Deep brain stimulation (DBS) uses electrical pulses to stimulate an area of the brain. This can change the activity in that area of the brain. You may need two surgeries to implant the devices that stimulate the brain.
Most often, DBS is used to relieve symptoms of Parkinson's disease when they can't be controlled by medicines. But it can also be used for other conditions, such as multiple sclerosis and obsessive-compulsive disorder.
The devices are often put in during separate surgeries on different days. Your doctor will drill small holes in your skull. Then tiny wire electrodes are placed in your brain. You may or may not be awake during the surgery. If you're awake, you will help the doctor know where to place the electrodes where they will work best. If you're not awake, your doctor might use a type of imaging (MRI) to help place the electrodes.
It may seem scary to be awake during this surgery. But your scalp will be numb. You won't feel any pain. You will stay in the hospital for a day or two after this surgery.
The other step is to put in a small, battery-powered generator. It's placed under the skin of your chest near your collarbone. This device is connected to the electrodes in your brain. To do this, the doctor will use a small wire that runs under your scalp and skin. You won't be awake for this surgery.
After the surgery, you will have a short hospital stay. Your doctor may wait for you to heal before turning on the generator.
What To Expect
You will stay in the hospital for several days after the procedure while your doctor checks the effect of DBS.
Why It Is Done
DBS may be used to relieve symptoms of Parkinson's disease, especially tremor, when they can't be controlled with medicine. It's the surgical treatment of choice for Parkinson's disease. That's because it works better, is safer, and is less harmful to brain tissue than other surgical methods.
DBS of the thalamus is done to treat both disabling tremor caused by Parkinson's disease and essential tremor.
Procedures that stimulate parts of the brain called the subthalamic nucleus and the globus pallidus are done to help control a wider range of symptoms (along with tremor). They are used more often than stimulation of the thalamus. Symptoms that are most often helped (besides tremor) include problems with changes between "on" and "off" time and dyskinesia. "On" time is when medicine taken for Parkinson's is helping your symptoms. Symptoms that are less likely to get better include problems with walking, balance, and speech. In some cases, DBS can make these problems worse.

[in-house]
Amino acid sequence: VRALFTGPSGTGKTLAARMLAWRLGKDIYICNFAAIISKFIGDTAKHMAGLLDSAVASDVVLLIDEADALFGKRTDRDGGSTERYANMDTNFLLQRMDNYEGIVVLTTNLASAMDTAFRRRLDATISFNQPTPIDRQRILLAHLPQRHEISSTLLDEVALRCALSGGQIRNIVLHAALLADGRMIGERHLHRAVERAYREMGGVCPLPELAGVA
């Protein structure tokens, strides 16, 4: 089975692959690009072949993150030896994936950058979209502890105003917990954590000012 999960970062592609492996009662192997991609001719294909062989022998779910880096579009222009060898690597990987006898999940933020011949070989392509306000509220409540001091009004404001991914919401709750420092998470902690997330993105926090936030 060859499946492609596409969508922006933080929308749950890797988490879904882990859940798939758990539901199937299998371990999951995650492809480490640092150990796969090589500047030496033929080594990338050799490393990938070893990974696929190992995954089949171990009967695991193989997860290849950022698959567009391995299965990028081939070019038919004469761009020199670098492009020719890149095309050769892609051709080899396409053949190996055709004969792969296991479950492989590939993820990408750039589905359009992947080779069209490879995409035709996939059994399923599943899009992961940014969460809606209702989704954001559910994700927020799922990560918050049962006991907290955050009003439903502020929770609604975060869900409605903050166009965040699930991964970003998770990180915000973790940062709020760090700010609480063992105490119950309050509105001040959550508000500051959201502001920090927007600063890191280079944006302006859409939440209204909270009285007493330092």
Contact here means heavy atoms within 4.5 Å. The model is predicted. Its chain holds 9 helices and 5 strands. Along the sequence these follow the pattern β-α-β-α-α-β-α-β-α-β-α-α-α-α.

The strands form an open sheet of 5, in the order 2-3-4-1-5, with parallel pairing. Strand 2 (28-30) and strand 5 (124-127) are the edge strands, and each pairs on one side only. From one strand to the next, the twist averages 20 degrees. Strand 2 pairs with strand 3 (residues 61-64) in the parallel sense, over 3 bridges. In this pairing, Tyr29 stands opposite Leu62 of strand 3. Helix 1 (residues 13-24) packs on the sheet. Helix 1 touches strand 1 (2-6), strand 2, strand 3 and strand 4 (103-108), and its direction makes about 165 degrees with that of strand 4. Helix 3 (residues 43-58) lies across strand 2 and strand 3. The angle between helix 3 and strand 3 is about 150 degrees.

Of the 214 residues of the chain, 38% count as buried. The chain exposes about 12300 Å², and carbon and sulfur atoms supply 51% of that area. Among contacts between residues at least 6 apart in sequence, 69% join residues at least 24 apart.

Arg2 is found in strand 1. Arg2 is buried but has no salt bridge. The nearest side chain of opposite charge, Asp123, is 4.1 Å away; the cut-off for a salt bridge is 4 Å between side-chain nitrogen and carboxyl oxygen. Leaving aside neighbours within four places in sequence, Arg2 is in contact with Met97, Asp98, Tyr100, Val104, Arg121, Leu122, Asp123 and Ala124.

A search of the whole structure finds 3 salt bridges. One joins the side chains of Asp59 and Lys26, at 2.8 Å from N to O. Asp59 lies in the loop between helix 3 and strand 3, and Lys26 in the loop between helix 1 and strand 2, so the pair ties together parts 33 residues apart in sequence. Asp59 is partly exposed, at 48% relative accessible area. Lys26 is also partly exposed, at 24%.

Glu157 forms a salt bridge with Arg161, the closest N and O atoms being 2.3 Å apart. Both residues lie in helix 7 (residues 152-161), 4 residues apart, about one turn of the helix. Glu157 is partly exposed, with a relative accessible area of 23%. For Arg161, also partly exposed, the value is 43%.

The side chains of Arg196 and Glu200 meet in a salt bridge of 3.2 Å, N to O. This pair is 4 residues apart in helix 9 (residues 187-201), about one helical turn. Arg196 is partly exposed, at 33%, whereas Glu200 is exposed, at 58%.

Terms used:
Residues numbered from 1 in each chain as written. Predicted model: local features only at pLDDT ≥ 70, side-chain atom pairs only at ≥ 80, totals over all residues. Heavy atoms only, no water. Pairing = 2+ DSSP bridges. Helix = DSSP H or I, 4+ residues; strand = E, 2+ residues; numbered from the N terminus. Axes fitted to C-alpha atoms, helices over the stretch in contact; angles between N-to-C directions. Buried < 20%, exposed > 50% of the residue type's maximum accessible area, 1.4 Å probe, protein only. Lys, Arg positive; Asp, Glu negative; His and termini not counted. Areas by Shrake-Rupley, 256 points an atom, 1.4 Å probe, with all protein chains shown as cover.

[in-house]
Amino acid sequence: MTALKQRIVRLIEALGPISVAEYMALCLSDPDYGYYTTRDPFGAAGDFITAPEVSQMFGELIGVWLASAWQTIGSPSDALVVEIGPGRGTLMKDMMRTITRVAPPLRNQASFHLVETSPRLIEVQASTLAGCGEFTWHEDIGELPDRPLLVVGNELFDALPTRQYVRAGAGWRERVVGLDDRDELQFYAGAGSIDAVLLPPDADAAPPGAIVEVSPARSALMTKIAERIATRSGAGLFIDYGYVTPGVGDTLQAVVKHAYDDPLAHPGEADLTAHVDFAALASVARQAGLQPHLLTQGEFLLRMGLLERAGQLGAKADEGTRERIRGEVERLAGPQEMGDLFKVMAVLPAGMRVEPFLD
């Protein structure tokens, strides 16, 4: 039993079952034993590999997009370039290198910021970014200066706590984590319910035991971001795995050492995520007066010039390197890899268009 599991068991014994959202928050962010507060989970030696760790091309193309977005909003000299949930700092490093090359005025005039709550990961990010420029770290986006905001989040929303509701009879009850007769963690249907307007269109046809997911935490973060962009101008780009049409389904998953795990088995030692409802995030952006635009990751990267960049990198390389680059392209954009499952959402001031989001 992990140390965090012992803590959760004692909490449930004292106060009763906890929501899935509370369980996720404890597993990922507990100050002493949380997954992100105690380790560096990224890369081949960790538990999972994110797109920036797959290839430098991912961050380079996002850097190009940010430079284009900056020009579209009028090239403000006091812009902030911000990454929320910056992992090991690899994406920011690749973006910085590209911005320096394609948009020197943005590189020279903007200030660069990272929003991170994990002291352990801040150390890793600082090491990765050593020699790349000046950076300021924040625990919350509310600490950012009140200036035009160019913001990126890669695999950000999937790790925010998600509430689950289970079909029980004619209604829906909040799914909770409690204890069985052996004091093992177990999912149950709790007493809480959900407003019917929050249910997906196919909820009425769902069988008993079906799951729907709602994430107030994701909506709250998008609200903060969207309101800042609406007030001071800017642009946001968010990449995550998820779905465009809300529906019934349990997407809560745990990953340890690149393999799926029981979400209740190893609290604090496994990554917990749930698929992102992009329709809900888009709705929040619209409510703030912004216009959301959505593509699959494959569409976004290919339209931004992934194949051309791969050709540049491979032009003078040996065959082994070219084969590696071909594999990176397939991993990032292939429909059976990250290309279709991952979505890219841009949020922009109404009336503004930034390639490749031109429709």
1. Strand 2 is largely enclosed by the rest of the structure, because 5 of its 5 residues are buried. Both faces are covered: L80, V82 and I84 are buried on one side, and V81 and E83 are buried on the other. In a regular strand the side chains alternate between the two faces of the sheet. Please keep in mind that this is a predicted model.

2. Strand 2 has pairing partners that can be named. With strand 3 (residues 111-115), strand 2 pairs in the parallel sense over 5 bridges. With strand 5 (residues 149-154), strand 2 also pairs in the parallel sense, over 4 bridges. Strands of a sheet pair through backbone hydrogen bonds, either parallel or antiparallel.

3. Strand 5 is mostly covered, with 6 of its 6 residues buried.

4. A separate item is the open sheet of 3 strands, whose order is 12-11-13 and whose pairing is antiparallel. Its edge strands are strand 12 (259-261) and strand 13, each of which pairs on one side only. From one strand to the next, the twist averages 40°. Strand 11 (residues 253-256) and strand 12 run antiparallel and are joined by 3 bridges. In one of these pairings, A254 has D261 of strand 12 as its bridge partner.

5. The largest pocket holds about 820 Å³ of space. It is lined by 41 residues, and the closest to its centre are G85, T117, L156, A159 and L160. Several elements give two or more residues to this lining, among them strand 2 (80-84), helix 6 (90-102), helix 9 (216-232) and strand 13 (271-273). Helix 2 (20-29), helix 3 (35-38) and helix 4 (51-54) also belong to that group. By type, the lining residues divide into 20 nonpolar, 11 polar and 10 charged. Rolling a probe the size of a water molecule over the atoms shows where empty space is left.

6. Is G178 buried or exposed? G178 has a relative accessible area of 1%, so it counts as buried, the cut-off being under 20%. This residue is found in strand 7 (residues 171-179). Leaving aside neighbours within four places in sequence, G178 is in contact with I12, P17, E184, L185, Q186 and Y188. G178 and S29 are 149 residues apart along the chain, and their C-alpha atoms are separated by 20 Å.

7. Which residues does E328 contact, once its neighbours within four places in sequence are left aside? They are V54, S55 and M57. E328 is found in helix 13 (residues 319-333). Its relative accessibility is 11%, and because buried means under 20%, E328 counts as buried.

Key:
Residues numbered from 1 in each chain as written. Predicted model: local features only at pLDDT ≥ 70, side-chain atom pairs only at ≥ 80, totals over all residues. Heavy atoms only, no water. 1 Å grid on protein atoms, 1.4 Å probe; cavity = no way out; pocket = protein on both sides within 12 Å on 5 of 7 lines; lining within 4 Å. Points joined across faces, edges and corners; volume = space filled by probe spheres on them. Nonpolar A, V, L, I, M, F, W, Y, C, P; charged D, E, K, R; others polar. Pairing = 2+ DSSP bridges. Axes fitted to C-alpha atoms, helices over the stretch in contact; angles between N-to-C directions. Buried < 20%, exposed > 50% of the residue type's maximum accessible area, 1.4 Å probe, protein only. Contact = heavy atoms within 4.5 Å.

DBS may also be used to treat severe tremor related to multiple sclerosis (MS). It usually is a last resort after all other options have been tried without success to treat MS tremor. Only people with severe tremor are candidates.
How Well It Works
Compared to only taking medicine for Parkinson's disease, having DBS of either the subthalamic nucleus (STN) or globus pallidus (GPi) along with taking medicine gave people almost 5 more hours of "on" time on average each day.footnote 1 "On" time is when medicine taken for Parkinson's is helping your symptoms.
DBS of the thalamus only works to reduce tremor. It does not affect other motor symptoms.footnote 2
Two studies compared DBS of the STN to DBS of the GPi. The studies showed similar reductions of motor symptoms of Parkinson's disease after 1 and 2 years.footnote 3, footnote 4
- The group that had DBS of the STN was able to take less medicine for Parkinson's disease after 2 or 3 years compared to the group that had DBS of the GPi.
- Quality of life was similar between the two groups.
Risks of DBS include:
- Infection or skin irritation caused by the device in the chest (stimulator) or by the wires or electrodes.
- Bleeding in the brain during the surgery, resulting in a stroke.
- Numbness, tingling, twitching, or other abnormal sensations when the device is turned on. (These usually don't last long and can be stopped by adjusting the programming of the deep brain stimulation device.)
- Problems with the device, such as:
- A break in the wire leading from the electrode to the stimulator.
- Movement of the wires or the device under the skin.
- Need for a new battery for the device. A battery typically will last about 5 years.
- Failure or malfunction of the stimulator or the electrodes.
- Psychological problems, such as apathy and depression.
- Problems with thinking, memory, speech, or swallowing.
- Trouble with walking or balance and an increased risk of falling.
- Weaver FM, et al. (2009). Bilateral deep brain stimulation vs best medical therapy for patients with advanced Parkinson disease. JAMA, 301(1): 63–73.
- Samii A, et al. (2004). Parkinson's disease. Lancet, 363(9423): 1783–1793.
- Follett KA, et al. (2010). Pallidal versus subthalamic deep-brain stimulation for Parkinson's disease. New England Journal of Medicine, 362(22): 2077–2091.
- Weaver FM, et al. (2012). Randomized trial of deep brain stimulation for Parkinson disease: Thirty-six-month outcomes. Neurology, 79(1): 55–65.
Current as of: August 25, 2022
Author: Healthwise Staff
Medical Review:Anne C. Poinier MD - Internal Medicine & Martin J. Gabica MD - Family Medicine & Kathleen Romito MD - Family Medicine & G. Frederick Wooten MD - Neurology